Citigroup Suits Cost $1.5BN
Scandals Could Be Pricier, Admits BankDec 24, 2002 | The Guardian Citigroup will take a $1.5bn (£94m) charge in the fourth quarter to pay for its involvement in the financial scandals of the past year, but yesterday admitted the bill could rise.
The sum relates to last week's broad settlement of conflict of interest allegations on Wall Street, as well as potential lawsuits related to the settlement and from disgruntled shareholders in Enron, the bankrupt energy firm.
The bank agreed to pay $300m in penalties plus $100m to fund independent research and investor education as part of the deal with the New York state attorney general, Eliot Spitzer, and financial regulators. The fine was the largest paid by any bank involved in the agreement.
Sanford Weill, the chairman and chief executive, hoped the settlement would "bring to a close a difficult chapter in our history". Shares in the bank slipped 54 cents to $37.60 in midday trading.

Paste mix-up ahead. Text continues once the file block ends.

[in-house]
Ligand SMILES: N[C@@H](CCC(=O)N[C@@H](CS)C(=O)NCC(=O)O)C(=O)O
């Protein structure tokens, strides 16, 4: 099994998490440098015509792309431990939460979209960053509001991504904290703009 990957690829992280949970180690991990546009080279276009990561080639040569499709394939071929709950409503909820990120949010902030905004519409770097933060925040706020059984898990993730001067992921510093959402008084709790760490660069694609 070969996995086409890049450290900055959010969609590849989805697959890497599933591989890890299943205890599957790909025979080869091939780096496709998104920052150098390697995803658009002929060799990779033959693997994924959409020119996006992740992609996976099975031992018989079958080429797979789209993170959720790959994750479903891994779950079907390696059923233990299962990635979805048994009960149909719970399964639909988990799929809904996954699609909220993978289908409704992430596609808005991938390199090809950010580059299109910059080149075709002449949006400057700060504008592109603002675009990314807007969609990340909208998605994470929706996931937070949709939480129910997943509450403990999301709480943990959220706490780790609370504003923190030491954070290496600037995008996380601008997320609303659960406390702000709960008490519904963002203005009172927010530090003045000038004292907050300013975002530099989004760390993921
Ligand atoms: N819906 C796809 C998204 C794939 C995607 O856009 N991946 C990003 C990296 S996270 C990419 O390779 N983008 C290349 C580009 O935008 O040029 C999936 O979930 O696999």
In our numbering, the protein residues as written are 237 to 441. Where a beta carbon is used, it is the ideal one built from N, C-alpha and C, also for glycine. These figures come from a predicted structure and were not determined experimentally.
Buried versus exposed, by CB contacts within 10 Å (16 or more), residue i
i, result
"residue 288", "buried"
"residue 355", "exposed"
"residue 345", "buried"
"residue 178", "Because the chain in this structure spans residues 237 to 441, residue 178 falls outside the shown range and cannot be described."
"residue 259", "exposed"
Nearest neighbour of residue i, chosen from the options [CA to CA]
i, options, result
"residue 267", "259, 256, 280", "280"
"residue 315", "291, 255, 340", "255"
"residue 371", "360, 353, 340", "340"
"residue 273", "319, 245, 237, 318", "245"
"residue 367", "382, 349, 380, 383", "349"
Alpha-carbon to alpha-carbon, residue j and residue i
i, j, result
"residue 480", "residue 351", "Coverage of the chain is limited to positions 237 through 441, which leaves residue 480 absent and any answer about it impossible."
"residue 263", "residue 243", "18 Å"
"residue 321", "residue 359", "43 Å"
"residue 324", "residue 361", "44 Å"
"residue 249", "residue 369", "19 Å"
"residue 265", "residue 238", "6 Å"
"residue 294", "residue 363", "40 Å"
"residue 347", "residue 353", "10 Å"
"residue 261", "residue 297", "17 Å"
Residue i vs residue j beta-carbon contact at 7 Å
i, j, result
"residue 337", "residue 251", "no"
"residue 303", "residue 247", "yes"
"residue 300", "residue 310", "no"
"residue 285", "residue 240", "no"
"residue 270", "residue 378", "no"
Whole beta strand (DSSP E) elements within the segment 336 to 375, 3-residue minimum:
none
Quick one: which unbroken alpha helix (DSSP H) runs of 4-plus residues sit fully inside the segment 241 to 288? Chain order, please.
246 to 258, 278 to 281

Friday's deal involves the 10 largest Wall Street banks paying $1.4bn to settle allegations that analysts misled investors to attract investment banking business to their firms.
Salomon Smith Barney, owned by Citigroup, has been at the centre of the claims. Publication of internal emails disclosing conflicts of interest led to the resignation of a star telecoms analyst, Jack Grubman, and the ousting of Michael Carpenter, who ran Salomon.
Citigroup and Mr Grubman face 62 potential class actions regarding research, according to a filing with the securities and exchange commission.
The bank is setting up a $1.3bn reserve for the cost of the settlement and toward the estimated costs of private litigation related to the conflict of interest allegations and Enron. The other $200m in the next quarter's charge is to cover bad loans.
A statement from the bank said there were many lingering issues. "Given the uncertainties of the timing and outcome of this type of litigation, the large number of cases, the novel issues, the substantial time before these cases will be resolved, and the multiple defendants in many of them, this reserve is difficult to determine and of necessity subject to revision."